Monday, 30 April 2012

handmade goodness

Recently I've been coming across (by various means) a lot of very talented people and the cute, clever and crafty things they make. Both the Christmas and Spring Crafty Fox Markets were awesome but more recently I went to the open launch of Selina Lake's new book, Home Spun Style. In keeping with the theme of the book (handmade goodness) there was a mini indoor market set up near Brick Lane featuring a number of little stalls. Below were some of my favourites.

She reupholsters stools and chairs, as well as selling these amazing vintage crochet blankets and super pretty bunting.

They sell pretty lamp shade frames in a variety of sizes and shapes giving you a chance to pick out a vintage fabric to cover it. They also sell the most beautiful paper. (I bought some and I am determined to try my hand a decoupage!)

Abigail and Ryan are an awesome duo who together make very pretty homewares indeed. Illustrator Abigail and graphic designer Ryan make their own fabric to create peg bags, teatowels, cushions and more!

Emma had a number of crocheted garlands at the market but these ones from her etsy shop are my favourites.

She had some very cute cushions and sunflower lavender bags on sale at the market but I can't find them on her website so I'm a bit gutted, should've got it then and there! But these lovely things are available online - cushionscards and this set of dolly birds.

Now this awesome lady was not at the book launch, more's the pity (I think she's actually based in Australia) but she's on here all the same because she makes very cool dresses from beautiful vintage fabrics (so it's kinda in the same vain as the other good stuff in this post). This is her Annie Dress - I love it muchly.

Friday, 27 April 2012

other people's houses

Aside from the fortnightly (ish) hand modelling stint at the studio, my work also provides me with another escape from the office: the monthly location shoot which is exactly what it sounds like. The quilt is taken to a usually gigantic beautiful house to be photographed in situ. Location shoots are long tiring days, there's a lot of hanging around, tea/coffee making & drinking and cat petting (the cats belong to the houses, sadly we don't have a designated location shoot cat that we take around with us....maybe we should though...). The houses we use can be anywhere in London which on occasion can lead to lateness/getting lost when trying to find the properties. On the plus side I'm learning a little bit about lighting and styling shots as well as where the quilt works best (beds, sofas, folded on things). However, the best thing about locations shoots (apart from the very rare offering of free food&cake) is the opportunity to look around some amazing houses. I mean I'm never going to be able to afford anything like the places we shoot in but, maybe because I'm nosey, it's fun to see how people style their big and beautiful homes. I know I'm not alone, why else would there be magazine features, tv shows and books on the subject of looking at how other people (fairly well off people) live. After six months of snooping around exploring using some gigantic houses for work purposes and taking a few of my own snaps, I've built up a little gallery...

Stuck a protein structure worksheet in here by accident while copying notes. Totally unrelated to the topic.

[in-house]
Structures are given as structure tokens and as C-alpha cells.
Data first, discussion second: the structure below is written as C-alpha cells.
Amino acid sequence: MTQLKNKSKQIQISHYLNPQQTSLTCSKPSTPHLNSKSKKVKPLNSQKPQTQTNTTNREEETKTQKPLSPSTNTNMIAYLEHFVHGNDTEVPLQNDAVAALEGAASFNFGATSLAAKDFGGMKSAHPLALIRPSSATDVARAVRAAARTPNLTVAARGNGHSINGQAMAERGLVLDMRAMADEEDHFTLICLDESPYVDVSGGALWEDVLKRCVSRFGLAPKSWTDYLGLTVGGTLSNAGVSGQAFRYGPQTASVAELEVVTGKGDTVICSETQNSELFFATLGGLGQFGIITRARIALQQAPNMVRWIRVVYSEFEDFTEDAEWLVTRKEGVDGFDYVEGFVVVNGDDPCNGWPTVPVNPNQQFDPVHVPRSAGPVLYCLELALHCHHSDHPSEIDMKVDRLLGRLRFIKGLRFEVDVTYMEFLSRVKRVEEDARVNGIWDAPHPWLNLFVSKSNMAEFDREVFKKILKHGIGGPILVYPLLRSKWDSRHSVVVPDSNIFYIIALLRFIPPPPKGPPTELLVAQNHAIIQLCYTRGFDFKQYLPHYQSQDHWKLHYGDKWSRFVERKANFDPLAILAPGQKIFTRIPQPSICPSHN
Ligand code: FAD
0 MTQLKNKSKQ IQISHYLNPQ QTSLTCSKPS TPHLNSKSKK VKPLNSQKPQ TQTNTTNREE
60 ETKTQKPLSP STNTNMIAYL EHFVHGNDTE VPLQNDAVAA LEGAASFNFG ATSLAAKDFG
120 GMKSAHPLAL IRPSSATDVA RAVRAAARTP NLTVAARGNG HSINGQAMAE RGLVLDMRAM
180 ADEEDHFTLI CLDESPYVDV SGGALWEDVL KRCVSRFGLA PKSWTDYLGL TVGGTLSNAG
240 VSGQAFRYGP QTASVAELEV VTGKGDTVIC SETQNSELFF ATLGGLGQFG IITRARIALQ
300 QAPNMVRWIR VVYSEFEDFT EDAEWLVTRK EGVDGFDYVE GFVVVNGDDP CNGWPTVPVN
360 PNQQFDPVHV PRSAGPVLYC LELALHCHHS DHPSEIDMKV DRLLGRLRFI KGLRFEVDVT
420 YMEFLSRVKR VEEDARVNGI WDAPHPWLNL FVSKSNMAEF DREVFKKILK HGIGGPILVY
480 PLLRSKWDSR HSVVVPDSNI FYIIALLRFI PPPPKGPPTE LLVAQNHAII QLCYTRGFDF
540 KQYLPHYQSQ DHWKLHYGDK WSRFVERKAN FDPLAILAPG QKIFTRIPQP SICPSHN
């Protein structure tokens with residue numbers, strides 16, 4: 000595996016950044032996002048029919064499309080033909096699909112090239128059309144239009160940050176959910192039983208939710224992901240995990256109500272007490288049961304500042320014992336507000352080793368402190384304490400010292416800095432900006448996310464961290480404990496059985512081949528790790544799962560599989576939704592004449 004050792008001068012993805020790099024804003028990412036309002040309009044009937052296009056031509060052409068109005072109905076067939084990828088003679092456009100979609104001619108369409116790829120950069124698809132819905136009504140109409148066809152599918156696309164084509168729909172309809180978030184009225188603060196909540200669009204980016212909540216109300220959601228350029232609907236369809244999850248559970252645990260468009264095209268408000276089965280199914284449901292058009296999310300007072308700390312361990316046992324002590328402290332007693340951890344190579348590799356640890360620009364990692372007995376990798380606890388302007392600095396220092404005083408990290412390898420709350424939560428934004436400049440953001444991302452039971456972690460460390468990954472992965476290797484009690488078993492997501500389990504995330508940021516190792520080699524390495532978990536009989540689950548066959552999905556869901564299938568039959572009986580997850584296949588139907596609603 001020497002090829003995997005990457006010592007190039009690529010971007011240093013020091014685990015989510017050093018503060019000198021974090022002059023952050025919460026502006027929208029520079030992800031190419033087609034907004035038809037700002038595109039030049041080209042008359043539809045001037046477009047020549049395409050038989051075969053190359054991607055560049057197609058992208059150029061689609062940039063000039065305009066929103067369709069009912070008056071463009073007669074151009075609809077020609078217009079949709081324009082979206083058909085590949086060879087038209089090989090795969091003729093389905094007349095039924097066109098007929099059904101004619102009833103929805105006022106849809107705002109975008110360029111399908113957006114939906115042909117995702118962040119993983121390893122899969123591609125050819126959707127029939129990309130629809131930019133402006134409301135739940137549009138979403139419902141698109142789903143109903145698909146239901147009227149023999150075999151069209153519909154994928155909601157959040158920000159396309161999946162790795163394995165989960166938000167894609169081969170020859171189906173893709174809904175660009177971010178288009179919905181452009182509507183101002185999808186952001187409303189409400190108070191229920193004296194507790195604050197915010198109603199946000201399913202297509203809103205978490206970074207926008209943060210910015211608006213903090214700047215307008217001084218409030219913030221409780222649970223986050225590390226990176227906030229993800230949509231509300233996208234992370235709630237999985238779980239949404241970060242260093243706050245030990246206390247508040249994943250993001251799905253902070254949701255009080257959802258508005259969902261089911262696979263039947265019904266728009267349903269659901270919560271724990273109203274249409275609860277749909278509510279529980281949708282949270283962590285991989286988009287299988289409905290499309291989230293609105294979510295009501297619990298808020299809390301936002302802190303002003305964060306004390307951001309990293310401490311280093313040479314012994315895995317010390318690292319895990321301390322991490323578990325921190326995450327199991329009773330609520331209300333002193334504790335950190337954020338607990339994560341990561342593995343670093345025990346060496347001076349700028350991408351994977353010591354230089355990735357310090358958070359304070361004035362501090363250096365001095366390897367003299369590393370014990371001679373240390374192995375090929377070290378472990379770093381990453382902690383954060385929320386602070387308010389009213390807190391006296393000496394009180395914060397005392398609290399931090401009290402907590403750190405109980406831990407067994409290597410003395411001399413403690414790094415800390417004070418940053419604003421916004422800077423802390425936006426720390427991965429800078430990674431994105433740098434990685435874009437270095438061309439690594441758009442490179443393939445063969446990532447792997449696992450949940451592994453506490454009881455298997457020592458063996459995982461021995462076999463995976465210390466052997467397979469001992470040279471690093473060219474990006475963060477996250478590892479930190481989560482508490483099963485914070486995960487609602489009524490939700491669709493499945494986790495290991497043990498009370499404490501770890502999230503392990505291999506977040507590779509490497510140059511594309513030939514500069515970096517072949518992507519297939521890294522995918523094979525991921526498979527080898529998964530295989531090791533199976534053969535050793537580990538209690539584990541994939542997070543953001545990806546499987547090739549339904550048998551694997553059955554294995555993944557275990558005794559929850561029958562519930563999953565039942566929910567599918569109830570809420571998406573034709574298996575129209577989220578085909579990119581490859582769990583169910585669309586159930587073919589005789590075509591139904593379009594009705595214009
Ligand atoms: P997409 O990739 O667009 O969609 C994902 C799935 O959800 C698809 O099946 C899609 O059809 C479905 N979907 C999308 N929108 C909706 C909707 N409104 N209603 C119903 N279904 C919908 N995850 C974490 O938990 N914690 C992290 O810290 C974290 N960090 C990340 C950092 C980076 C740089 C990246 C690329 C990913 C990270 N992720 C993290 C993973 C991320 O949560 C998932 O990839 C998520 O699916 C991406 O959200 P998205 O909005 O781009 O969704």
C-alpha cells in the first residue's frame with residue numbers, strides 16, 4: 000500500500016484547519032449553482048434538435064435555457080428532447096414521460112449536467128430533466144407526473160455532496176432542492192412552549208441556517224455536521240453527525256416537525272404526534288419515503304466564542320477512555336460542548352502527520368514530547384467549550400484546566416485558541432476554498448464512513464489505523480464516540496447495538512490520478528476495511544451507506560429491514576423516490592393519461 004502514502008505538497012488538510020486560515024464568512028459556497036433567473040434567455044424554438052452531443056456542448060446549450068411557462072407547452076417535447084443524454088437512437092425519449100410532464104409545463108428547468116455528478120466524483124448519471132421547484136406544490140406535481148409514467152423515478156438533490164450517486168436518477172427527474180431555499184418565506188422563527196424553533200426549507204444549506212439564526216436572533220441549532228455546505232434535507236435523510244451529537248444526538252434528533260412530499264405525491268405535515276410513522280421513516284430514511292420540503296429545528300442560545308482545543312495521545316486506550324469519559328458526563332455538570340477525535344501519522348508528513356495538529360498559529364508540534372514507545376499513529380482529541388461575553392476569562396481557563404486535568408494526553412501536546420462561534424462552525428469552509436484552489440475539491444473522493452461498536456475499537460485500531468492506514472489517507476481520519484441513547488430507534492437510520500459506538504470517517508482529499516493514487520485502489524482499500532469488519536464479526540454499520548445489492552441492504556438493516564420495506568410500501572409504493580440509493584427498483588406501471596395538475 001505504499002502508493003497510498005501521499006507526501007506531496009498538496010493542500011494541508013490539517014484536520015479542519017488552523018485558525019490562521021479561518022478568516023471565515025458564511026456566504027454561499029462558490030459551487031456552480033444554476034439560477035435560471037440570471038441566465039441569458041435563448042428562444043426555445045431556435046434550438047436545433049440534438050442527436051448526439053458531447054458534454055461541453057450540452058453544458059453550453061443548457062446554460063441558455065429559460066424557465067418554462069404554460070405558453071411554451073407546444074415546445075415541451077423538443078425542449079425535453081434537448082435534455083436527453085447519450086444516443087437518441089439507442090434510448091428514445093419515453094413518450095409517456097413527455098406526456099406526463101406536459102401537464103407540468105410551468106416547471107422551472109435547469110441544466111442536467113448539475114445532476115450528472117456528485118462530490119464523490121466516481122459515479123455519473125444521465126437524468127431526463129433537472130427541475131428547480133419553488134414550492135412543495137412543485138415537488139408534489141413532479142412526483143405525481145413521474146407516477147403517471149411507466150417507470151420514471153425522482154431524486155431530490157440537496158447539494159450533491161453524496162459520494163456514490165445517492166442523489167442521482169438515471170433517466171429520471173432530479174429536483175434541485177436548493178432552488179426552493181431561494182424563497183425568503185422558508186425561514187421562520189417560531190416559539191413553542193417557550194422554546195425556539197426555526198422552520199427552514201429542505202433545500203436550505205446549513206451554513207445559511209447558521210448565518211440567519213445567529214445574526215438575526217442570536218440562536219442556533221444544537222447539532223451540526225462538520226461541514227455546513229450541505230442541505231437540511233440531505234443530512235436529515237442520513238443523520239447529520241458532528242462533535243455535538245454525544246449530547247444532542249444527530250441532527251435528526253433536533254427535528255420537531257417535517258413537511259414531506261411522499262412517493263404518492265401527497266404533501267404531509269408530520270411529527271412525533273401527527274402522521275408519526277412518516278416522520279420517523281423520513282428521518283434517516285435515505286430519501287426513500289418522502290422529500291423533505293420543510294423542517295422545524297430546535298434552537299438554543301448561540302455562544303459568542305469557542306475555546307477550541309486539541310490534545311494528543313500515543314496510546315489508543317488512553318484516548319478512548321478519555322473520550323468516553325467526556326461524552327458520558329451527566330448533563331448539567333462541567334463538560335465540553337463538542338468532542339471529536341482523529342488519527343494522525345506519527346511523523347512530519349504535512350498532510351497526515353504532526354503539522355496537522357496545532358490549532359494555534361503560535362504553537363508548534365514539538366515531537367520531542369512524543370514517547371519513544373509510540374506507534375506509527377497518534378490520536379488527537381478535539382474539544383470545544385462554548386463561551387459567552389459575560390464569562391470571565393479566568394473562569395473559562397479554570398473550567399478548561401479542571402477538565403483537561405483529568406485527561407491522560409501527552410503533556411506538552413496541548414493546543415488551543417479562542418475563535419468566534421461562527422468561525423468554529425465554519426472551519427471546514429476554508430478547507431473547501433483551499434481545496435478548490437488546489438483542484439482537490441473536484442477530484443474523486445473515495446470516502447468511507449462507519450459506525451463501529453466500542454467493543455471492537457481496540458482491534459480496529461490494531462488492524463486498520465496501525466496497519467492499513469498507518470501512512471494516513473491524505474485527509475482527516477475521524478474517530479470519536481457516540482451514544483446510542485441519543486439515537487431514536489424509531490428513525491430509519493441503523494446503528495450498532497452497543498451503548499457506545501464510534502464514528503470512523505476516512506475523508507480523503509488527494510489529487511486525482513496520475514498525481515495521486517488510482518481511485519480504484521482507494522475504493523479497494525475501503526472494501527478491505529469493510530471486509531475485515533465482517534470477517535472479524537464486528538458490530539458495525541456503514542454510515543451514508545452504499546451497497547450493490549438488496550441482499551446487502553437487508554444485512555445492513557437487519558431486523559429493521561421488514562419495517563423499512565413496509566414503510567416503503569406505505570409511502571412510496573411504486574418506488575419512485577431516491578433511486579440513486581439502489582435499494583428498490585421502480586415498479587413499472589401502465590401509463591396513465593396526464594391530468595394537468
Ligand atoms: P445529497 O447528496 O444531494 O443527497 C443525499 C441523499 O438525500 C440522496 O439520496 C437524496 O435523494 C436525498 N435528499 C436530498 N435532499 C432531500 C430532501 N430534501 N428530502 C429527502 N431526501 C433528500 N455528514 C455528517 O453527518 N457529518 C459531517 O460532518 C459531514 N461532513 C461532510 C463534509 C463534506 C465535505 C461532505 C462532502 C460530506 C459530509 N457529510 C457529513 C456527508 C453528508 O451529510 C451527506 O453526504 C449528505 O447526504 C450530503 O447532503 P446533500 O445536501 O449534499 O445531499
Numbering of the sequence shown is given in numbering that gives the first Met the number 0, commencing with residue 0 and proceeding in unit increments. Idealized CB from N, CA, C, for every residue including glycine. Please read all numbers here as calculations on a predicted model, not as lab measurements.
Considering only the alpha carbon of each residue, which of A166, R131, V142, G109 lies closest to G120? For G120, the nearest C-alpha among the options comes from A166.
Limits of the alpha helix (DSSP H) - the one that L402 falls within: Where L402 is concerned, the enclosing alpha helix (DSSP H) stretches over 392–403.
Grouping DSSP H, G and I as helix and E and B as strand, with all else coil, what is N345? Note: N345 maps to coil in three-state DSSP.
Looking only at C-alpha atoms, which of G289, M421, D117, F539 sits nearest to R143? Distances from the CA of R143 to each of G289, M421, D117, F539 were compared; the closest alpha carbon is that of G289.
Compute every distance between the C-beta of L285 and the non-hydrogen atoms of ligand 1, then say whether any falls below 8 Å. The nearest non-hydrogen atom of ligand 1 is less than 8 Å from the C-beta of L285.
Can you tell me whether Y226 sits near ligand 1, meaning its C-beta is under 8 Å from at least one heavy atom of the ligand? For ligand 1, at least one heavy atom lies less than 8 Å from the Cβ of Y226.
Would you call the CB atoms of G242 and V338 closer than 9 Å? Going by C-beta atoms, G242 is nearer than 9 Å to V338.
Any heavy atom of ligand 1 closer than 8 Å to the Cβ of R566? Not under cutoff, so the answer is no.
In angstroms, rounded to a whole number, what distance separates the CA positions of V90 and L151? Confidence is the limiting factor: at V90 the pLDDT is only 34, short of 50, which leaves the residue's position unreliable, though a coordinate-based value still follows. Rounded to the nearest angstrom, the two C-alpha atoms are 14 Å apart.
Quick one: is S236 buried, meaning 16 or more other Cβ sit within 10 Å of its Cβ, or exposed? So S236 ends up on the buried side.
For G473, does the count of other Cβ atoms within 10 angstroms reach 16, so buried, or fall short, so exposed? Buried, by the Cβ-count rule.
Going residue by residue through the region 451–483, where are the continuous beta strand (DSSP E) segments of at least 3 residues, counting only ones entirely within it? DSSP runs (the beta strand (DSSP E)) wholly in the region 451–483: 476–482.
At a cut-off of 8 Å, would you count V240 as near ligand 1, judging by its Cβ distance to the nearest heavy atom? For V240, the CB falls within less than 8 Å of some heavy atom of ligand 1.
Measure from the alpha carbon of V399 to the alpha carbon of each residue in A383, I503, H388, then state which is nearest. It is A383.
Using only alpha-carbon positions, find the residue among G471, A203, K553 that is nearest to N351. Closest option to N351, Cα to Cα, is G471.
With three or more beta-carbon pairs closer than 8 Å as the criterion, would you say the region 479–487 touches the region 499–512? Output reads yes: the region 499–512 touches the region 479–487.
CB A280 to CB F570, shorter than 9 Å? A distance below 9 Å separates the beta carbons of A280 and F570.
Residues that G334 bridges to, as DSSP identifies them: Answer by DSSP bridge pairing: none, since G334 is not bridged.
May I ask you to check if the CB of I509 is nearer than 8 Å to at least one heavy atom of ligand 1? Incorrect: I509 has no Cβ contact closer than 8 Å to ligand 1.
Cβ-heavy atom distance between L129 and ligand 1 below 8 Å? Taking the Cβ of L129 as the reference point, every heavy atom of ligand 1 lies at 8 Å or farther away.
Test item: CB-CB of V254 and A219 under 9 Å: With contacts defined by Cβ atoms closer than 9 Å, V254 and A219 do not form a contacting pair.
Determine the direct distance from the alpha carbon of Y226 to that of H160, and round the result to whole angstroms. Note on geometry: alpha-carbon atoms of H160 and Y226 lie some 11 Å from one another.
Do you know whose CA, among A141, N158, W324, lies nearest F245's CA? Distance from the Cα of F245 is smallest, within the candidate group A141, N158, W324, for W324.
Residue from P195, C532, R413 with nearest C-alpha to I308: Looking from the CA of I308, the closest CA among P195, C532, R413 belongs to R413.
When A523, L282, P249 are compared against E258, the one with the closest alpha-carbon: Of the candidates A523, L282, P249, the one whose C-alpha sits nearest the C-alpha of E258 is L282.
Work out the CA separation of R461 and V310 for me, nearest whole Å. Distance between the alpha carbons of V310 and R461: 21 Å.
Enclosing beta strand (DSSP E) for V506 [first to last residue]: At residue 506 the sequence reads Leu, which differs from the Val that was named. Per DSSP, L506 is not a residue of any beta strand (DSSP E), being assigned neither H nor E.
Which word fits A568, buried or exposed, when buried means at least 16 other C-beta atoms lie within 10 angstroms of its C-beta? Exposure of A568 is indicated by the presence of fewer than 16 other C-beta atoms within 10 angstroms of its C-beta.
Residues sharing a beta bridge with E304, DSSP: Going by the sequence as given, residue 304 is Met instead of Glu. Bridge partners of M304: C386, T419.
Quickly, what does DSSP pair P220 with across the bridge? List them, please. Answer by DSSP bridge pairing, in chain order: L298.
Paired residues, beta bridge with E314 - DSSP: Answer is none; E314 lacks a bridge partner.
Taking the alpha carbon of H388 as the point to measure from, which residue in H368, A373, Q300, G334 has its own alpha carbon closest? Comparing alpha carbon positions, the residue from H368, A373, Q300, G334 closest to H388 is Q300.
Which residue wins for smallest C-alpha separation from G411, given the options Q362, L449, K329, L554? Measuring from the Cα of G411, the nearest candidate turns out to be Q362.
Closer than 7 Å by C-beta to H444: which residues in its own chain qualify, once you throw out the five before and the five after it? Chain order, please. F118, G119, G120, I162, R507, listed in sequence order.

1. I loved the little girl's bedroom, it was so neat and pretty and decorated with the cutest things - bird mobile and tiny tiny clogs! <3
2. The kitchen in this house was fabulous, lots of antique cabinets and dried flower arrangements. Highlight was the miniature drawers with the cutlery instead of knobs.
3. Again, the girl's bedroom, such an adorable bed plus she had a nodding dinosaur!
4. This house was huuuuuge. The kitchen was my favourite room, full of light and pretty things.
5. This house was full of mirrors and pretty glass bottles - the picture on the left is taken in the lady's walk in closet (it was bigger than half my entire flat).
6. Awesome kettle
7. Robot lamp - I really want one of these.
8. Tintin poster :)
9. This house had a massive garden - the biggest I've seen in London - complete with swing seat, two play houses, a tree swing (always wanted one of these when I was little), a trampoline AND a fibreglass life sized cow! The picture on the right was a little annex room looking out over the garden.
10. I loved the little boy's bedroom at this house - one wall is a world map and he had the most amazing chest of drawers containing Tintin comics.
11. Of all the cats (nearly all of these houses have cats) we've met on location shoots this one was the most beautiful and so unbelievably soft.

Tuesday, 24 April 2012

Tuesday's Tees - competitions

This week you're getting double the love with Tuesday's Tees (you lucky things)!

First up I regularly follow this lovely blog - one sheepish girl - and today she's giving you, me and all you t-shirt fanatics out there the chance to win a tee designed by Dowdy Studio - a husband and wife team who make lots of cool stuff including awesome tees! These two are my favourites - grand piano whale and a very beardy viking - what's not to love?